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Constitutional Power to Threaten War: Three Points on Syria

Matthew Waxman
Tuesday, September 3, 2013, 2:18 PM
I recently posted my new paper on The Constitutional Power to Threaten War (forthcoming, Yale Law Journal).  The basic idea is that existing debate and legal scholarship about constitutional war powers focuses overwhelmingly on the President's and Congress’s share of power to initiate military engagements.

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I recently posted my new paper on The Constitutional Power to Threaten War (forthcoming, Yale Law Journal).  The basic idea is that existing debate and legal scholarship about constitutional war powers focuses overwhelmingly on the President's and Congress’s share of power to initiate military engagements.  It ignores the allocation of legal power to threaten military force or war, even though threats – to coerce or deter enemies and to reassure allies – is one of the most important ways in which the United States government wields its military might. Here are three issues discussed in the paper that relate to Syria and the President’s relations with Congress, including his request for force authorization.  Note as a preliminary matter that although the immediate issue for Congress is whether to authorize a proposed package of attacks on Syria, more generally it is being asked now (or should be asked) to buy into the President’s strategy of enforcing the norm against using chemical weapons with U.S. military power. First, a point about constraints on the President:  Whatever one thinks about the President’s constitutional authority to make good on his threat against Syria with military force, I’ve not heard anyone question his authority to have unilaterally issued the threat to begin with – that is, his authority to draw a red line on chemical weapon use and imply that the United States would respond forcefully.  Most would agree, though, the President has been politically constrained in what he’s communicated through words and actions to the Syrian government, U.S. allies, and others. Some of that political constraint has probably come from Congress all along, and even if Congress were unlikely to wield formal legislative power to terminate or cut-off funds from a Syria operation that the President might launch on his own, Congress’s influence derives in part from its institutional position to make things difficult for the President, and even from influential members’ ability to speak out publicly in ways that might undermine the credibility of presidential threats.  Law helps constitute the processes of political struggles in any area of public policy, but what is special here in the context of deterrent strategy is the added importance of foreign audiences – including adversaries and allies, alike – observing and reacting to those politics, too. Second, while Congress’s political and legal powers have operated to constrain presidential threats, the President – by declaring the threat and taking actions to double down on it – has boxed Congress in to some degree.  This is not Polk moving troops into territory with Mexico, and Congress may still buck him, especially because some members worry that the President’s proposed actions don’t go far enough to effective.  But the President has unilaterally put U.S. credibility on the line with his many statements (pursuant to foreign relations powers) and movement of U.S. naval forces (pursuant to commander in chief powers), such that he can now argue to Congress that failure to approve action will undermine U.S. security not just in Syria but with respect to Iran and other possible foes. There’s a legal corollary to that point, too.  Legal analysis of presidential authority to use force is sometimes thought to turn partly on the U.S. security interests at stake (e.g. OLC concluded with regard to launching the 2011 Libya operations that the President had such legal authority “because he could reasonably determine that such use of force was in the national interest").  Such arguments often treat those interests as purely contextual and exogenous to U.S. decision-making and grand strategy.  The interests at stake in crises like these, however, are altered dramatically if the President threatens force: doing so puts the credibility of U.S. threats at stake, which is important not only with respect to resolving the crisis at hand but with respect to other potential adversaries watching U.S. actions. That is, the President’s power to threaten force means that he may unilaterally alter the costs and benefits of actually using force through his prior actions as a crisis unfolds. My third point is a question I wrestle with in the paper, which is what does all this analysis of threats of war mean normatively for allocating powers of war and peace among the political branches.  Most functional arguments about war powers focus on fighting wars or hostile engagements, with congressionalists who favor tight legal constraints on the President’s unilateral powers to use force arguing that such limits are needed to prevent costly and unnecessary wars.  Drawing on arguments that date back to the Founding, they posit that the more flexibly the President can use military force, the more likely it is that the United States will find itself in wars; better, therefore, to clog decisions to make war with deliberative processes and substantive checks in Congress. Those arguments about congressional checks may make sense if our approach to war-avoidance is slowly and carefully calculating the costs of entering ongoing conflicts or meeting an adversary’s hostile moves with military force.  But what if our strategy is premised on deterring the adversary from making those hostile moves in the first place?  The President has made very clear that he doesn’t want to intervene in Syria but feels he must act in ways now that deter future uses of WMD that threaten U.S. and allied interests.  Which is better for communicating that threat credibly – a legally agile president or a legally constrained one?  How does the process of seeking legislative authorization affect how signals are understood by adversaries as well as allies and partners? On the one hand, one might intuitively expect that robust democratic checks would generally be ill-suited for coercive threats and negotiations – that institutional centralization and secrecy of decision-making might better equip non-democracies to wield threats of force.  Sometimes threats are more powerful if the leader issuing them seems irrational or creates the possibility for inadvertent escalation (which seem like the opposite of the careful, open deliberation associated with congressionalist logic). On the other hand, some political scientists have recently called into question this view and concluded that the institutionalization of political contestation and some diffusion of decision-making power in democracies, especially to legislative bodies, make threats to use force rare but especially credible and effective in resolving international crises without actual resort to armed conflict. This is a tough question, and I don’t yet answer it definitively in my paper.  I’m hoping, though, that the Syria case provides a useful case study for thinking about this.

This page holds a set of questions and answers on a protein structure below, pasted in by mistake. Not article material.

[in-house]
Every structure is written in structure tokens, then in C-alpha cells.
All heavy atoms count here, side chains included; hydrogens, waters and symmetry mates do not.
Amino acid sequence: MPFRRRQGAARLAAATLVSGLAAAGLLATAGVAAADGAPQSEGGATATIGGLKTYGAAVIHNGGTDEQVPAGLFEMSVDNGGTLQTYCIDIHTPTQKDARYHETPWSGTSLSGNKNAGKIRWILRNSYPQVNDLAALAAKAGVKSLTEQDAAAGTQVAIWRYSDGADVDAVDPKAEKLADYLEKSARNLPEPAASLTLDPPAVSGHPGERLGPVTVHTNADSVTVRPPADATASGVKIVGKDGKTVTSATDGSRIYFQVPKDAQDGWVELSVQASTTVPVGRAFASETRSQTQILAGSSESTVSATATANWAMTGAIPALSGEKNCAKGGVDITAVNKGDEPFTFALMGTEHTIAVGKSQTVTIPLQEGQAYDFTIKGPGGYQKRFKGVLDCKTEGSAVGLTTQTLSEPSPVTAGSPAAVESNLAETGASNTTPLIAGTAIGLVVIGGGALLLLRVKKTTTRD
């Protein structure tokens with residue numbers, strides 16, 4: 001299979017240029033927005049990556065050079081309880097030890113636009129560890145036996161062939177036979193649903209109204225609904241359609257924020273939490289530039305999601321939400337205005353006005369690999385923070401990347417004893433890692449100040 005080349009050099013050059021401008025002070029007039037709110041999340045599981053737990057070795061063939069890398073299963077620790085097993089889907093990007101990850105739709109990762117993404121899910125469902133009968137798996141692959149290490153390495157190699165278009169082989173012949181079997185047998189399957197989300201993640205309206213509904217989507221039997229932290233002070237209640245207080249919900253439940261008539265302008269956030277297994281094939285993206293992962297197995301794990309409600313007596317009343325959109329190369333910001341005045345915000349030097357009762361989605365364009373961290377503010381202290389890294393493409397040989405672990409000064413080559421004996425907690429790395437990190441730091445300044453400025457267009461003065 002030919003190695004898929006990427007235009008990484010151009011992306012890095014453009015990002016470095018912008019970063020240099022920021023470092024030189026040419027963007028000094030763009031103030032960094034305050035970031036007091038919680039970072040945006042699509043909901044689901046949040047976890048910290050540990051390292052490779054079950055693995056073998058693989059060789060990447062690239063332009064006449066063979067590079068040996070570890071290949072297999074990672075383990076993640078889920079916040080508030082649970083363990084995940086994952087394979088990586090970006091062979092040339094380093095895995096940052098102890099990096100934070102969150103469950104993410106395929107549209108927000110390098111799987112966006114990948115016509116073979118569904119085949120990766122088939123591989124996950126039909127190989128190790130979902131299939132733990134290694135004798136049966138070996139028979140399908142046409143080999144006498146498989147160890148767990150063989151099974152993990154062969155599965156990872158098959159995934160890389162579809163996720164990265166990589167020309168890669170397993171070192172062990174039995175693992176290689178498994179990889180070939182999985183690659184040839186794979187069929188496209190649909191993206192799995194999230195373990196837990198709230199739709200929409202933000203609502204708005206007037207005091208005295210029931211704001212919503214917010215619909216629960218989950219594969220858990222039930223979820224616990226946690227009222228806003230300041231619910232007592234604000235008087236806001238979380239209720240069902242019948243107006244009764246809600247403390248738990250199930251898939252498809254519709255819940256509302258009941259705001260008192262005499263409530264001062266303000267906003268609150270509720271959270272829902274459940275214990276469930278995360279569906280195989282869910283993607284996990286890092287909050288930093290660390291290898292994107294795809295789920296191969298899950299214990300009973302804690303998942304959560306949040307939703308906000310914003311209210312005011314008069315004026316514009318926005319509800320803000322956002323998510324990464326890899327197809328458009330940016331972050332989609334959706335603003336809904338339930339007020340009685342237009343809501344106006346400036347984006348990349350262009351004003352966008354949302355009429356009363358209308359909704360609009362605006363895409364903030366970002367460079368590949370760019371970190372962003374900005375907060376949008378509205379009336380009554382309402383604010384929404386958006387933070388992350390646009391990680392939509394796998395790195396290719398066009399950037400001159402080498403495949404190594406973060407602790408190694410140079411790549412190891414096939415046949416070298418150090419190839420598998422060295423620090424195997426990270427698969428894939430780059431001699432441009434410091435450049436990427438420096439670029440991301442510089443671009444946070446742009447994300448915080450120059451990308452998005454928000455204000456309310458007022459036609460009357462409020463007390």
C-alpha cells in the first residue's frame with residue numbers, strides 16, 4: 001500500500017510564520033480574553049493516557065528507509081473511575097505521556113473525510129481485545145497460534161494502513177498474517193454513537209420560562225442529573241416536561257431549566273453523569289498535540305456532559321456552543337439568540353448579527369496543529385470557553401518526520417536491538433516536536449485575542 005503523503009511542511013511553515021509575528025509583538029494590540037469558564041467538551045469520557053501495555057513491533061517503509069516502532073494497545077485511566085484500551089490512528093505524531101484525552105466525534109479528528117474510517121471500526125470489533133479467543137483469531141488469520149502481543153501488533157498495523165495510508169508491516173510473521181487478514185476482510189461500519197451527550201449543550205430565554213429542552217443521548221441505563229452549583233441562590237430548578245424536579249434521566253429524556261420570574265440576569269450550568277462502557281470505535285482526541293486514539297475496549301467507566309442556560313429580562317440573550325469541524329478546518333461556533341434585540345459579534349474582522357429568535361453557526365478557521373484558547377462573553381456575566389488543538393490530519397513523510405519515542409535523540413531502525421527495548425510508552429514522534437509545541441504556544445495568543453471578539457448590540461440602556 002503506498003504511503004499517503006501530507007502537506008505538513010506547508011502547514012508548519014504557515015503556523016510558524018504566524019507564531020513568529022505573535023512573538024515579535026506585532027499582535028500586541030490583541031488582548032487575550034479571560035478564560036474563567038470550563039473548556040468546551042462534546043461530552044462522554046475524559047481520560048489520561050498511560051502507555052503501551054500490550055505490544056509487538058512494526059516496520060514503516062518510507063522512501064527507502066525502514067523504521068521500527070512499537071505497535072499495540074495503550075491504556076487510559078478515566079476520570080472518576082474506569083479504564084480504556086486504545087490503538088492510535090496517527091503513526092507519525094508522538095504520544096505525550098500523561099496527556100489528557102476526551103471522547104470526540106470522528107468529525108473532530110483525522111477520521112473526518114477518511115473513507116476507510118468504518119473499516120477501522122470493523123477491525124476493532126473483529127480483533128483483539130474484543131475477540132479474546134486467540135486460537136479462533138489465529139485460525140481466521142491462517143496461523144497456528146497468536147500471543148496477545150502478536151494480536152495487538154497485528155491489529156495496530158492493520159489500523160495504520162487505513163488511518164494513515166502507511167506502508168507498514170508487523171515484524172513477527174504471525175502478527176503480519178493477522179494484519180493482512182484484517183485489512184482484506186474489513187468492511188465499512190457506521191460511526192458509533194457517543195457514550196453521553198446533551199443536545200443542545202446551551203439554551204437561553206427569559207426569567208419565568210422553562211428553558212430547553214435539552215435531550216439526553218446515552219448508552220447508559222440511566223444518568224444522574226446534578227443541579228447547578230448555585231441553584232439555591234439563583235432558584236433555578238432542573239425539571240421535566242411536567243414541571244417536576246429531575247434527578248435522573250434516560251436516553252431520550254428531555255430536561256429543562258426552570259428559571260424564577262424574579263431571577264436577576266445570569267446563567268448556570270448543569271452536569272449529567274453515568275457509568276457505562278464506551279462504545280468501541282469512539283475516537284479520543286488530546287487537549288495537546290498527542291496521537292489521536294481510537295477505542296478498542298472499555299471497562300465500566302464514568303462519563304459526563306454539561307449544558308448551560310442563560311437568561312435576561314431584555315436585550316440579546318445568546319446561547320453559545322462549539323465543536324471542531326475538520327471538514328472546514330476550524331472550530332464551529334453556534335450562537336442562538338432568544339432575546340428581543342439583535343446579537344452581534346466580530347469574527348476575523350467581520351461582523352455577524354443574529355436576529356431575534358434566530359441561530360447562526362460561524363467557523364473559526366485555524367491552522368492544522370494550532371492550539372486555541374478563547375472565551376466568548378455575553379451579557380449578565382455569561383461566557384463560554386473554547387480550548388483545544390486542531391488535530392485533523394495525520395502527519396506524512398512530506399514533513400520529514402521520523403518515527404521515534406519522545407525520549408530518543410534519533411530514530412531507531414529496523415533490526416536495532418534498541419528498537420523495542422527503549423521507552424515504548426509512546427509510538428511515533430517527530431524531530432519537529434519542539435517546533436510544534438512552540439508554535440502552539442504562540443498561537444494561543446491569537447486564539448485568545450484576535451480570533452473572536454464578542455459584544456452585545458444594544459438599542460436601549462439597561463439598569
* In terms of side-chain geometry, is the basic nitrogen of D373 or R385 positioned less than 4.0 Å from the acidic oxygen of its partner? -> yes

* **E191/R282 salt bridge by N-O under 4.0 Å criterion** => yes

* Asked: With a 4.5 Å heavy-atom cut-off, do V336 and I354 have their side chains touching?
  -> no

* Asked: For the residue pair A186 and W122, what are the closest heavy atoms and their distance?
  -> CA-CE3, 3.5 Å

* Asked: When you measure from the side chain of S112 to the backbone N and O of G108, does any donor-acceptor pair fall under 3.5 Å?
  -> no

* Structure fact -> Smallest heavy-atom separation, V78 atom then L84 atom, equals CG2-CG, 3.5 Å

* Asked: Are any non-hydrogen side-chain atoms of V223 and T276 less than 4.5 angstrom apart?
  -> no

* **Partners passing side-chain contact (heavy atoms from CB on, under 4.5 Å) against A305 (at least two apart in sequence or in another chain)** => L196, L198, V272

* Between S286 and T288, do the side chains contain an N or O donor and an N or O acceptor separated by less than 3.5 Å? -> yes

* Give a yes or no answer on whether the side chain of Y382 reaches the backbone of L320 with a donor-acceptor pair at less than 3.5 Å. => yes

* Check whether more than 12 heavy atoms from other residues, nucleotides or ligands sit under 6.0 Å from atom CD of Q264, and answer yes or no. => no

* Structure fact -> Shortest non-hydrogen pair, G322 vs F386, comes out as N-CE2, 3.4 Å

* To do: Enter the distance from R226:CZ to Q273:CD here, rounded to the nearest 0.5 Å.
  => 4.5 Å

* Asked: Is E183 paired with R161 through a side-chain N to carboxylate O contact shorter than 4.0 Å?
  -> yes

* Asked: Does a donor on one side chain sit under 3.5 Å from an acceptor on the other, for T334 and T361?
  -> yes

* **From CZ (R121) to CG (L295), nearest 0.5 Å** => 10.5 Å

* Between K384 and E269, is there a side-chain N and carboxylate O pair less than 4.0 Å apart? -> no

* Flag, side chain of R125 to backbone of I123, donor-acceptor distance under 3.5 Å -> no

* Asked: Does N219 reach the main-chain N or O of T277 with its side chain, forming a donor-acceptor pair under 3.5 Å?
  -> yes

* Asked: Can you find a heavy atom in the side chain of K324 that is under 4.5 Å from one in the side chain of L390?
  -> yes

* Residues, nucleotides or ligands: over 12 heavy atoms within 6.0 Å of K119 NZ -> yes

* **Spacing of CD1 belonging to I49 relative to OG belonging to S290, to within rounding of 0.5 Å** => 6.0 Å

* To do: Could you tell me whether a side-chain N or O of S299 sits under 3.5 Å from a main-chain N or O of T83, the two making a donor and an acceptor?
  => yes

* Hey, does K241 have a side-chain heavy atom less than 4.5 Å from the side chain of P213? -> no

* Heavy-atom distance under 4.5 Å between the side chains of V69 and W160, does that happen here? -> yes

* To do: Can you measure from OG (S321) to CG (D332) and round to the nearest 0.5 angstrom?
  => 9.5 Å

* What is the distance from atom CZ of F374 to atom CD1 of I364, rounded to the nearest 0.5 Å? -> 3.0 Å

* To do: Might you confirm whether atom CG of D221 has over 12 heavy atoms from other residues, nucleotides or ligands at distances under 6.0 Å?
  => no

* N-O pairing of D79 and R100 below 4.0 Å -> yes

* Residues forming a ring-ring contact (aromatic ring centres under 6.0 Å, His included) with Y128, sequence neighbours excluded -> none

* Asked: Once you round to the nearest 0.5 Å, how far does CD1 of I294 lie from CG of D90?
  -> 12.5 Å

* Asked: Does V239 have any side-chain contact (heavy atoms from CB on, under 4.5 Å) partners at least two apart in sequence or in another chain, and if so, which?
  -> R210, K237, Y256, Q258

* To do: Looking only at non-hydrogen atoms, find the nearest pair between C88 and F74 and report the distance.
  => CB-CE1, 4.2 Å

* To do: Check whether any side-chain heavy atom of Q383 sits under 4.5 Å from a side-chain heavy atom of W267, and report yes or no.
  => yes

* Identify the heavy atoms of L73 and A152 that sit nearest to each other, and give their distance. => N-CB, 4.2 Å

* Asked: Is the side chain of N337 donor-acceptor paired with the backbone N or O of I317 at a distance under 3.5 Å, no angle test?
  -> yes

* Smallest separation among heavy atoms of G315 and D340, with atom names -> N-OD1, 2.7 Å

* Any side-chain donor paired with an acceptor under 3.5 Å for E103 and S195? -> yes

Matthew Waxman is a law professor at Columbia Law School, where he chairs the National Security Law Program. He also previously co-chaired the Cybersecurity Center at Columbia University's Data Science Institute, and he is Adjunct Senior Fellow for Law and Foreign Policy at the Council on Foreign Relations. He previously served in senior policy positions at the State Department, Defense Department, and National Security Council. After graduating from Yale Law School, he clerked for Judge Joel M. Flaum of the U.S. Court of Appeals and Supreme Court Justice David H. Souter.